May he rest in peace. THERE was deep sadness last month at the sudden death of James (Jimmy) Morrison, who was the founder of the Signal Arts Centre in Bray.
Jim is survived by his daughter Brigid, sister Martina, brothers Paul and Paddy and all of his relatives, neighbours and friends.
The resident of Ardee Street was a native of Newbridge in County Kildare. He founded Signal back in 1990.
At that time the Artists Association of Ireland put out a call saying they were about to set up social employment schemes across the country and artists would be included.
There was a thriving arts community in Bray and they needed to get organised.
Jim attended a meeting, and was inspired to set up Signal. He approached the VEC along with Doug Ross and Brian Maguire and asked them to sponsor the endeavour.
He thought he’d run it for a year and that would be it. He remained on the board for the intervening years, and was treasurer in recent years.
He worked tirelessly to establish Signal and keep it going, dedicated to its success over the course of almost three decades.
The centre was set up as a company in 1998. Today the not-forprofit centre has a staff of 17 and continues to provide a community employment scheme.
His contribution to the arts community was immense, Signal being Jim’s life’s work.
As an artist, he was a painter. Jim also taught. Some of his classes included the active retirement group at the Little Flower Hall at the Holy Redeemer, as well as night classes in BIFE, and some workshops and classes at Signal.
Jim also worked on projects such as made-to-order coats of arms.
His Signal Arts Centre family will remember him as a fountain of knowledge, and the person you went to if you needed help with anything.
His big achievement was the work he did towards Signal buying the building, and just seven years remain on the mortgage.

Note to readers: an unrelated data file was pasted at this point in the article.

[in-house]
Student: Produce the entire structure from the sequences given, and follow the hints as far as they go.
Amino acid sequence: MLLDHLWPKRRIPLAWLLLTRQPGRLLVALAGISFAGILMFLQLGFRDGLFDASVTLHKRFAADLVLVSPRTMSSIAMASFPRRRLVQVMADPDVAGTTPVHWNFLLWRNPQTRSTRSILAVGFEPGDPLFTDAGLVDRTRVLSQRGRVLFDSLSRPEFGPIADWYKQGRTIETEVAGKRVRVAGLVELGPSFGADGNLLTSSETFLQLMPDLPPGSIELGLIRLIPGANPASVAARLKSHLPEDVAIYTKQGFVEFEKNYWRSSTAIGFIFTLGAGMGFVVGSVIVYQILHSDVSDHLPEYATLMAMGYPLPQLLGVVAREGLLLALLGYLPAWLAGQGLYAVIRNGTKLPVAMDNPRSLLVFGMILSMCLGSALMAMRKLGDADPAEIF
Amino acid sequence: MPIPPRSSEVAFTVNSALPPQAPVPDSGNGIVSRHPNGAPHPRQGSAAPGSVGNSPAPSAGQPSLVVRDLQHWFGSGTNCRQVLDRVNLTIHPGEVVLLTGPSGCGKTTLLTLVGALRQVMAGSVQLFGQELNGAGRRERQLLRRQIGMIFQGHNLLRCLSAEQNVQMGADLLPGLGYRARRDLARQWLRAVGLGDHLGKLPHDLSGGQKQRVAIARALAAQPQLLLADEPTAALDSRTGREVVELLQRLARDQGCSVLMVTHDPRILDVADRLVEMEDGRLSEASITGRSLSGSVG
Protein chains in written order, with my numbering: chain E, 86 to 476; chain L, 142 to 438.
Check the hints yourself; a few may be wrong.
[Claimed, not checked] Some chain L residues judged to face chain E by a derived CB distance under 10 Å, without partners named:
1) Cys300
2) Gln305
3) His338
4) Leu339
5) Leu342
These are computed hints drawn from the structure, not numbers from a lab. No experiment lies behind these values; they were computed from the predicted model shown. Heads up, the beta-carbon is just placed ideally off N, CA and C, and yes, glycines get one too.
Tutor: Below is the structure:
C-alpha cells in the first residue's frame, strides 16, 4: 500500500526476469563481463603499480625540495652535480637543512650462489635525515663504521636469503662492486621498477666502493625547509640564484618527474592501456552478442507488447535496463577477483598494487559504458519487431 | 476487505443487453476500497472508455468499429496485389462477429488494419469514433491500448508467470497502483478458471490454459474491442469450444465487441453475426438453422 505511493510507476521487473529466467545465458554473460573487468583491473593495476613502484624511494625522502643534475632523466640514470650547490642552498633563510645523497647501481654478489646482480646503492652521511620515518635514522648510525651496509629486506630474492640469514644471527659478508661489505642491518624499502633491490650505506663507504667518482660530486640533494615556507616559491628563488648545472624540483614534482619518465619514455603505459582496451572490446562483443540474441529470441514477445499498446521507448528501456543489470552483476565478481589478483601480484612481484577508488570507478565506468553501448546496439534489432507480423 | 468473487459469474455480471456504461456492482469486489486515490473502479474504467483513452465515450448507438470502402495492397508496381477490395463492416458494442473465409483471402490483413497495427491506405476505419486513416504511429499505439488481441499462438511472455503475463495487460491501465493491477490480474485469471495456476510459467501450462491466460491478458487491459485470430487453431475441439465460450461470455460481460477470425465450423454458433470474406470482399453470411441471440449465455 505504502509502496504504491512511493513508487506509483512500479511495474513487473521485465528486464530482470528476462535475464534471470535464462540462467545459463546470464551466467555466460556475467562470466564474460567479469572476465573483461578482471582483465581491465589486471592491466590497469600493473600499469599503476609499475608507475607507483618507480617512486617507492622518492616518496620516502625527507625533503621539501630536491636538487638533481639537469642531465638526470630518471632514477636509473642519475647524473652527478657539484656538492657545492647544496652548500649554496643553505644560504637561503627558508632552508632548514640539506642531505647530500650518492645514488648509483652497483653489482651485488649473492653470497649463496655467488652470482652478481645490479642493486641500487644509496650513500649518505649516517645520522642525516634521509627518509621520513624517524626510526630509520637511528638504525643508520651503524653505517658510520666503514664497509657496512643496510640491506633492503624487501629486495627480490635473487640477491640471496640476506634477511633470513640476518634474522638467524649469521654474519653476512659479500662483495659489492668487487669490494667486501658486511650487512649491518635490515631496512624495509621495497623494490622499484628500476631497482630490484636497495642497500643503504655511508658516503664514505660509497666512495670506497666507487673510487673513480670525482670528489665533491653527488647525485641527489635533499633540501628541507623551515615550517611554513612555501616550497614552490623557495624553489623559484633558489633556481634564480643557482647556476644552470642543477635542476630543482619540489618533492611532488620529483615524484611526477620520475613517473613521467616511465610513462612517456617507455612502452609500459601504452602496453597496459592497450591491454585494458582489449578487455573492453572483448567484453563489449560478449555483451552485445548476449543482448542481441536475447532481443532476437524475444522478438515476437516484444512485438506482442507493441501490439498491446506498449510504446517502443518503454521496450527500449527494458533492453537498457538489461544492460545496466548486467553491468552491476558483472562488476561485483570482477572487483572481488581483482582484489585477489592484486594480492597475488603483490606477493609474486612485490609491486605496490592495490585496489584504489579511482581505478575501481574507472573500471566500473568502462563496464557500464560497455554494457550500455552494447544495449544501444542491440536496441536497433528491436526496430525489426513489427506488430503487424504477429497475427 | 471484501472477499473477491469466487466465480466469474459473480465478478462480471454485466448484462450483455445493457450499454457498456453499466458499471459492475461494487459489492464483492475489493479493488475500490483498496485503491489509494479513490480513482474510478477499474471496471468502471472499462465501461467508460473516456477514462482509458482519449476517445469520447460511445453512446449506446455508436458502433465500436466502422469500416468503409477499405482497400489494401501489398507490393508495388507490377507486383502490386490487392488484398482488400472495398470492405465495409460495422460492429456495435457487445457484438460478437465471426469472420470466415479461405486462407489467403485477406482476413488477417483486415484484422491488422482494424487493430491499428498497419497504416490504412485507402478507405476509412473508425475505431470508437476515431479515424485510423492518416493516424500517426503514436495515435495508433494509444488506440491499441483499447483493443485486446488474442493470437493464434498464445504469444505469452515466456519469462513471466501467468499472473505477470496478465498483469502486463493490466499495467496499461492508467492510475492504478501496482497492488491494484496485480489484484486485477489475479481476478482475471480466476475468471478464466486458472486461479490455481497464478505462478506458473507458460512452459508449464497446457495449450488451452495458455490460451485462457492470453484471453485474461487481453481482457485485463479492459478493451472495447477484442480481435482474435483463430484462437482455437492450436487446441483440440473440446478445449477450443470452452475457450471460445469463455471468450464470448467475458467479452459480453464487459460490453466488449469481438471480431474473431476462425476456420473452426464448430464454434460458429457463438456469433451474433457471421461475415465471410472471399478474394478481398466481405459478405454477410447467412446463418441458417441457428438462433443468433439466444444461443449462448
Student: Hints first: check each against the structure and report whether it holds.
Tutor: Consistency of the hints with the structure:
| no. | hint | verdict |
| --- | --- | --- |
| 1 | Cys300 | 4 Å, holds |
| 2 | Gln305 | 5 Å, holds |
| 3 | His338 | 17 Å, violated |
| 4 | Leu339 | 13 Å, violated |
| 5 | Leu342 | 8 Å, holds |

Just before he died, he engaged an architect who is working on 3D plans for a custom-build arts centre. There are plans now to redevelop the centre, which will be Jim’s legacy when that comes to fruition.
Before becoming an artist, he was an accountant and his attention to detail and fastidiousness were evident in both careers.
Jim was devoted to his daugher Brigid (16), who lived with him half the week. Prior to his death they enjoyed a 10-day trip to Spain along with friends from Signal, for the wedding of an ex-member in Spain.
The group said it was a joy to see the close relationship between the two of them.
He was a great neighbour. Jim knew everyone in the area and was very good to his neighbours who will miss him very much.
He was a loyal friend and great company. He enjoyed a healthy debate without it ever becoming personal and you get really good, meaty arguments with him on all sorts of topics.
He was well read, had a great mind for history and politics, and would get out the tea and sandwiches for election night.
Jim’s funeral took place on Friday, June 16, at the Holy Redeemer in Bray, before cremation at Mount Jerome. May he rest in peace.
The late Fr Fintan Morris.